The Early Church Fathers on
Astrology / Divination
The Church clearly teaches us in the catechism that practicing astrology as well as other forms of divination is wrong. In paragraph 2116 we read: “All forms of divination are to be rejected: recourse to Satan or demons, conjuring up the dead or other practices falsely supposed to ‘unveil’ the future. Consulting horoscopes, astrology, palm reading, interpretation of omens and lots, the phenomena of clairvoyance, and recourse to mediums all conceal a desire for power over time, history, and, in the last analysis, other human beings, as well as a wish to conciliate hidden powers. They contradict the honor, respect, and loving fear that we owe to God alone.” That the Church has always taught this is also very clear.
Be neither an enchanter, nor an astrologer, nor a purifier, nor be willing to look at these things, for out of all these idolatry is engendered (3 [A.D. 70]).
Tatian the Syrian
[Under the influence of demons] men form the material of their apostasy. For, having shown them a plan of the position of the stars, like dice-players, they introduce Fate, a flagrant injustice. For the judge and the judged are made so by Fate, the murderers and the murdered, the wealthy and the needy—[all are] the offspring of the same Fate (Address to the Greeks 8 [A.D. 170]).
Such are the demons; these are they who laid down the doctrine of Fate. Their fundamental principle was the placing of animals in the heavens [as constellations] . . . these they dignified with celestial honor, in order that they might themselves be thought to remain in heaven and, by placing the constellations there, might make to appear rational the irrational course of life on earth. Thus the high-spirited and he who is crushed with toil, the temperate and the intemperate, the indigent and the wealthy, are what they are simply from the controllers of their nativity. For the delineation of the zodiacal circle is the work of the ‘gods’. . . . But we are superior to Fate, and instead of wandering demons, we have learned to know one Lord, who wanders not (ibid., 9).
The devil, however, since he is an apostate angel, is able, as he was in the beginning, to lead astray and to deceive the mind of man for the transgressing of God’s commands. And little by little he can darken the hearts of those who would try to serve him, to the point that, forgetting the true God, they adore him as if he were God (Against Heresies 5:24:3 [A.D. 189]).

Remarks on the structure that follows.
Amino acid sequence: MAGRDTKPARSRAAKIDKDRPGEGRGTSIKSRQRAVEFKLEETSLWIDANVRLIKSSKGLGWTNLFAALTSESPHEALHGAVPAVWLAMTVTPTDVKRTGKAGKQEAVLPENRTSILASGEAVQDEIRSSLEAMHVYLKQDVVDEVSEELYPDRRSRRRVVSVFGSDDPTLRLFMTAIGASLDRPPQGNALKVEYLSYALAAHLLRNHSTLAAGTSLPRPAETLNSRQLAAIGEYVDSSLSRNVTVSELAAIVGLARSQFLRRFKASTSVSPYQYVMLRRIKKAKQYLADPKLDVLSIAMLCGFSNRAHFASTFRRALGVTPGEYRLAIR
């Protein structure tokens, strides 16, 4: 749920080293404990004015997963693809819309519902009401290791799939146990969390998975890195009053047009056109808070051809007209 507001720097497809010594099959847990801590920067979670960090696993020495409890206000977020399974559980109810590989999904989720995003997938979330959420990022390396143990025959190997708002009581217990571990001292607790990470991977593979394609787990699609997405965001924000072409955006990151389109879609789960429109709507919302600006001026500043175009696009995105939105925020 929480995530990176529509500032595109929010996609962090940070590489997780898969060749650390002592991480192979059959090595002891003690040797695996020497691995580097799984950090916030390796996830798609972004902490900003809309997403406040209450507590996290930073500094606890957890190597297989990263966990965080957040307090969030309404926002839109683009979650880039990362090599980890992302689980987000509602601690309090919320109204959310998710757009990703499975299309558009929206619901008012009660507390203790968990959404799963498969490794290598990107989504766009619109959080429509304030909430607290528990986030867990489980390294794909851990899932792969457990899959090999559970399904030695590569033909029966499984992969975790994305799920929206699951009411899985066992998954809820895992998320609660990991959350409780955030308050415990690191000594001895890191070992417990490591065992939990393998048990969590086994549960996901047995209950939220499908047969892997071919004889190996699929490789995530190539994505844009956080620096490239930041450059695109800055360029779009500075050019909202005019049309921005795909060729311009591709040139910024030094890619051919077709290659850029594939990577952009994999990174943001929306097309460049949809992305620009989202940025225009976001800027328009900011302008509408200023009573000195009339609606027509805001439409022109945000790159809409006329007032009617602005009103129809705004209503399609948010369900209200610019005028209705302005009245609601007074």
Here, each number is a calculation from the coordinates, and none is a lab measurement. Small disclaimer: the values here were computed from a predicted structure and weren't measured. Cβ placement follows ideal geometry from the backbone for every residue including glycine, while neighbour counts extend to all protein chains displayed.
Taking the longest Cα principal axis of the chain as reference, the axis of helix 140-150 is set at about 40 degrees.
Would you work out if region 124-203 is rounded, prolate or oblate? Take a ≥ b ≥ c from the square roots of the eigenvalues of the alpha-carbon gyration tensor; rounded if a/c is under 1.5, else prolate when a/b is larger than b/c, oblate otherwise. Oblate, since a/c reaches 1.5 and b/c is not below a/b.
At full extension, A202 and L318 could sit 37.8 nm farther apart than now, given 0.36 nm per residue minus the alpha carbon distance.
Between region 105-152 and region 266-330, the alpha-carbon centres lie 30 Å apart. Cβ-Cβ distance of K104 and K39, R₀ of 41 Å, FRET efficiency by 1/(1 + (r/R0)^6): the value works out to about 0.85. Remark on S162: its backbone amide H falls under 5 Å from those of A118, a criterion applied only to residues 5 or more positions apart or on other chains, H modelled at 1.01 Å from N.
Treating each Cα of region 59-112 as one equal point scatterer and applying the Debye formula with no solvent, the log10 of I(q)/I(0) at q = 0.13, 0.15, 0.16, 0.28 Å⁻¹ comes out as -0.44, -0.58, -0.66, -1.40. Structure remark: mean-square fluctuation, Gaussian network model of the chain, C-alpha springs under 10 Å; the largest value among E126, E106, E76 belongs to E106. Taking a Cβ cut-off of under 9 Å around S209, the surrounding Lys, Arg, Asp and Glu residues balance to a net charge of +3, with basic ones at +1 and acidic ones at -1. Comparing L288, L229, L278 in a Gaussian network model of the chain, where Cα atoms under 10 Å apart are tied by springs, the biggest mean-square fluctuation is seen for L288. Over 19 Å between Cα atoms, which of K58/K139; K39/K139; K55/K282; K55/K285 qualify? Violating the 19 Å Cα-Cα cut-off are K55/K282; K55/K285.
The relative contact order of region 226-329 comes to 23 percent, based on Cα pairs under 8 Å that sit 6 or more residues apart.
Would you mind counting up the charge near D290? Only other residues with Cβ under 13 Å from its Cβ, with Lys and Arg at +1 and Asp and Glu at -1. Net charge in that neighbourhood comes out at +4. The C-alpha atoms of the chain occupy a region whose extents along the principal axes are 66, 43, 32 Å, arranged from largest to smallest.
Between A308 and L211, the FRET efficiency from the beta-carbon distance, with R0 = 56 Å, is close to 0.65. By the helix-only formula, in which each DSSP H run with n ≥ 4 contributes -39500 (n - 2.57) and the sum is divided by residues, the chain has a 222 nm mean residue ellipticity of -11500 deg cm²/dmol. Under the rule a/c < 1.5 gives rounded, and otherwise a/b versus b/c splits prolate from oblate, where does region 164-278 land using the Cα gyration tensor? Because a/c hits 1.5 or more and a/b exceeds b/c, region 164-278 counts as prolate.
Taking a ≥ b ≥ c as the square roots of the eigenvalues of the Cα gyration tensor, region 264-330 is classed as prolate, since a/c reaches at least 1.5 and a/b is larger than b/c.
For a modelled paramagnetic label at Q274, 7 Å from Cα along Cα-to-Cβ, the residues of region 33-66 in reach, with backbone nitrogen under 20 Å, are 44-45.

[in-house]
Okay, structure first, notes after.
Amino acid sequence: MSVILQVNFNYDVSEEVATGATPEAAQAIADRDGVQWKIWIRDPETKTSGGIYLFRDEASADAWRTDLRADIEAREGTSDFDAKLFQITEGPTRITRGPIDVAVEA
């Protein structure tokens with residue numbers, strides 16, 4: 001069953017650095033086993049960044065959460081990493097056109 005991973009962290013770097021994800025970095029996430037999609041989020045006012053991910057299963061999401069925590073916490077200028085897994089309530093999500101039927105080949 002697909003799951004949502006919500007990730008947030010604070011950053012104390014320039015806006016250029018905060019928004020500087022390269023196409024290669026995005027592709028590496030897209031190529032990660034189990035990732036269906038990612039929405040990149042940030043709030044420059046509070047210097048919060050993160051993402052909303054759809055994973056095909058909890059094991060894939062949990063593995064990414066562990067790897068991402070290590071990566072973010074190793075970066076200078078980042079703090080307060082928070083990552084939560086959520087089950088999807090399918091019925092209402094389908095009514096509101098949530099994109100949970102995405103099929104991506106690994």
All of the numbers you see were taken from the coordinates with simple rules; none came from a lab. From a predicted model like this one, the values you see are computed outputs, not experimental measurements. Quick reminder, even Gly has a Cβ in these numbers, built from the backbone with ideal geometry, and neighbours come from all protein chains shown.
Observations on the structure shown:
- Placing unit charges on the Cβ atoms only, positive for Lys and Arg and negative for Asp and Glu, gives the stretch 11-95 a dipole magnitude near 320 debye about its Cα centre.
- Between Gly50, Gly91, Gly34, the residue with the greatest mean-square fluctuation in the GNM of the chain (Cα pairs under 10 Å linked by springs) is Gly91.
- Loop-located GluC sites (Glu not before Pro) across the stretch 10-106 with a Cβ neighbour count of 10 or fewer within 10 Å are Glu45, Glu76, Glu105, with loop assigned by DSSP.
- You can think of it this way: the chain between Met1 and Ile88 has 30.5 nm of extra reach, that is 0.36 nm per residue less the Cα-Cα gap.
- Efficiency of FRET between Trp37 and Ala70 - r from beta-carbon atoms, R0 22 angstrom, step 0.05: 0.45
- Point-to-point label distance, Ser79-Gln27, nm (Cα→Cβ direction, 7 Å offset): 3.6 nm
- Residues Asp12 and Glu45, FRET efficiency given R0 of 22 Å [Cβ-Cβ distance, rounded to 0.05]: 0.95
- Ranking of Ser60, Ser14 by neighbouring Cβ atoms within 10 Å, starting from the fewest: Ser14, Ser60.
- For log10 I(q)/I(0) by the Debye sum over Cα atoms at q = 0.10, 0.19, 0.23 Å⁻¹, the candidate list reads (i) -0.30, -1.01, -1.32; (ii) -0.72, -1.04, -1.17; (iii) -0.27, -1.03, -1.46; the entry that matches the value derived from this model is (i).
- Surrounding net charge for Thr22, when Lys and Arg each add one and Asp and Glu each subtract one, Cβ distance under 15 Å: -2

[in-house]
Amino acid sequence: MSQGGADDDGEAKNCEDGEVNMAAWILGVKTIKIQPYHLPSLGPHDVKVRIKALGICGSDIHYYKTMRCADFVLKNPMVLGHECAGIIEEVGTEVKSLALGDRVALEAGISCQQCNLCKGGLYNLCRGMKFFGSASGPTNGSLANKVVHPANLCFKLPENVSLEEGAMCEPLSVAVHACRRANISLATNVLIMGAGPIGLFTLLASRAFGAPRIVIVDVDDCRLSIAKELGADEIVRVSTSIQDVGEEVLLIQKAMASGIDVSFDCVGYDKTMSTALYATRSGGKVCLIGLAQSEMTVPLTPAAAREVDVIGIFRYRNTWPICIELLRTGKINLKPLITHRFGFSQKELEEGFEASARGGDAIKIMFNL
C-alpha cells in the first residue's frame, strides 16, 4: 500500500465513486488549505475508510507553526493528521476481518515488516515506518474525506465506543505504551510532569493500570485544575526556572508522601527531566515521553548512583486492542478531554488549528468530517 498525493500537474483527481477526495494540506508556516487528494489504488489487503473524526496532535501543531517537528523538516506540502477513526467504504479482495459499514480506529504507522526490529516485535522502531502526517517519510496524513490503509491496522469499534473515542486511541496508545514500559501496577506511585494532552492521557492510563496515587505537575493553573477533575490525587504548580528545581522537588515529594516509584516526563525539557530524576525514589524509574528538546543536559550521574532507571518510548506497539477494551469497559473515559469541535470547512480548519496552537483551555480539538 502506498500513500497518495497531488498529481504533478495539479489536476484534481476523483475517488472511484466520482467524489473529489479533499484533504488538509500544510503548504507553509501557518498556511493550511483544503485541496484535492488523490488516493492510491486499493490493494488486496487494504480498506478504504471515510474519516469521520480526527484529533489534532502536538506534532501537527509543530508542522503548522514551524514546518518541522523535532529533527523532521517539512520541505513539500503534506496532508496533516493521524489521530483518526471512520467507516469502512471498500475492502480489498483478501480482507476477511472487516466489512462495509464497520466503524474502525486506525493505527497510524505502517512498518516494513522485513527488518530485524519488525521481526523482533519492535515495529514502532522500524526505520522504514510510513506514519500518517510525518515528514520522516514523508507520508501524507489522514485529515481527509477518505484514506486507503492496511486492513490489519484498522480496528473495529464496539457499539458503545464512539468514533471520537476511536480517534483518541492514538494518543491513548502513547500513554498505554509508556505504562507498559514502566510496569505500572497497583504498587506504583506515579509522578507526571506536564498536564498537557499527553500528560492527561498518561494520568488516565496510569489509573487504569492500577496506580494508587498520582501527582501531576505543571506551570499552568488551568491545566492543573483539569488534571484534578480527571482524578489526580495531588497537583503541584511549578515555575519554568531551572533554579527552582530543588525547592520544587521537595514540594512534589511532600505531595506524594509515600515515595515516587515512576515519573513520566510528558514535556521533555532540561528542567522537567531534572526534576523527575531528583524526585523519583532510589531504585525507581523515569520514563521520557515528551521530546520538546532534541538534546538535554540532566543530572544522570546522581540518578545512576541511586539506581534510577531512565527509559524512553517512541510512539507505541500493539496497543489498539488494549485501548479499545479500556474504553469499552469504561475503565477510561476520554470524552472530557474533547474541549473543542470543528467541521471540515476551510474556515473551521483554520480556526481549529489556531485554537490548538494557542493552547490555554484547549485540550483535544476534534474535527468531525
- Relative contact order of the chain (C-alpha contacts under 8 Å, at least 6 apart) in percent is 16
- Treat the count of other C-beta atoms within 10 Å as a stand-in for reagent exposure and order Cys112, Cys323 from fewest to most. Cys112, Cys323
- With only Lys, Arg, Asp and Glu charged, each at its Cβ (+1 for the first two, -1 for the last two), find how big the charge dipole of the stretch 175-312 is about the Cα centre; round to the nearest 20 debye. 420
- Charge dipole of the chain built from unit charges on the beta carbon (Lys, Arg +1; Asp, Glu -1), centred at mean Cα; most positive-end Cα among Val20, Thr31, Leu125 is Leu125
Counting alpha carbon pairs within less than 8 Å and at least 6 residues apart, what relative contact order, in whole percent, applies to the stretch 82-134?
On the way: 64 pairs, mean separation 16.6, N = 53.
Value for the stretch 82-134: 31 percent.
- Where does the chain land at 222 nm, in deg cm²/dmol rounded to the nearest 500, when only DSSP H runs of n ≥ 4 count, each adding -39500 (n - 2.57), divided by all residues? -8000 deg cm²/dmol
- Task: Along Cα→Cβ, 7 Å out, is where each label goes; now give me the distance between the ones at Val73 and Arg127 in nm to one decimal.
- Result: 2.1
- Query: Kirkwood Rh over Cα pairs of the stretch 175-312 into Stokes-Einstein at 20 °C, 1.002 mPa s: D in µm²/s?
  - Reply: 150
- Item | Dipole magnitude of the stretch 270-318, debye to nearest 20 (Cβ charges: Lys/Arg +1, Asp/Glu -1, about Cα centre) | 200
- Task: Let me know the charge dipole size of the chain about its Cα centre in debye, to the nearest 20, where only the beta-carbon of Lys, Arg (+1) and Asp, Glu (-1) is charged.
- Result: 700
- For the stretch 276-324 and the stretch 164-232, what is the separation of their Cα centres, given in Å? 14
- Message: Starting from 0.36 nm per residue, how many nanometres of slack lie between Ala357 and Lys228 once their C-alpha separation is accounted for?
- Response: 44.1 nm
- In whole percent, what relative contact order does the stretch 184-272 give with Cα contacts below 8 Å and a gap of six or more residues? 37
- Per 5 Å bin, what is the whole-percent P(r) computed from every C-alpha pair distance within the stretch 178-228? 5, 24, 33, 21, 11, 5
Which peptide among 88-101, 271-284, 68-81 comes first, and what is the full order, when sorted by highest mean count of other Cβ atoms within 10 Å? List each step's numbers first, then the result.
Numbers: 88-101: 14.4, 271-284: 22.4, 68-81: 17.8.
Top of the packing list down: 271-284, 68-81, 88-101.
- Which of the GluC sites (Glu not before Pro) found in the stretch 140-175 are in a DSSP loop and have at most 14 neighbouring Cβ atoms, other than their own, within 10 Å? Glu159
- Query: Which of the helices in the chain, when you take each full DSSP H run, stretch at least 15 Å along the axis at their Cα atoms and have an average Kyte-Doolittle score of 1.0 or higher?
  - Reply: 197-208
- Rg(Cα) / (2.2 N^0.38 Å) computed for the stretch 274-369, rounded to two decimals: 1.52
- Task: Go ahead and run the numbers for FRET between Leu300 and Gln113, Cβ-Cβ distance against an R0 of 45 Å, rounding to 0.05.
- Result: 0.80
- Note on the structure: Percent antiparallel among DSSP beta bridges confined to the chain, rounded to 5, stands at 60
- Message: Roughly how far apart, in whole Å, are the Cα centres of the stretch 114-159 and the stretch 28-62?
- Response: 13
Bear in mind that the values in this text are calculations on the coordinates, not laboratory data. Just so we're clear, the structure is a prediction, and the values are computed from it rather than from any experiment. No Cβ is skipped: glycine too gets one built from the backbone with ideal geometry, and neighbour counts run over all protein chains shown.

We observe among the arts also some professions liable to the charge of idolatry. Of astrologers, there should be no speaking even; but since one in these days has challenged us, defending on his own behalf perseverance in that profession, I will use a few words. I allege not that he honors idols, whose names he has inscribed on the heaven, to whom he has attributed all God’s power. . . . One proposition I lay down: that those angels, the deserters of God [demons] . . . were likewise the discoverers of this curious art [astrology], on that account also condemned by God (Idolatry 9 [A.D. 211]).
How impotent [the astrologers’] system is for comparing the forms and dispositions of men with names of stars! For we know that those originally conversant with such investigations have called the stars by names given reference to propriety of signification and facility for future recognition. But what similarity is there of these [constellations] with the likeness of animals, or what community of nature are regards conduct and energy, that one should allege that a person born in Leo should be irascible [like a lion] and that one born in Virgo moderate [like a virgin] or one born in Cancer wicked [like a crab]? (Refutation of All Heresies 4:37 [A.D. 228]).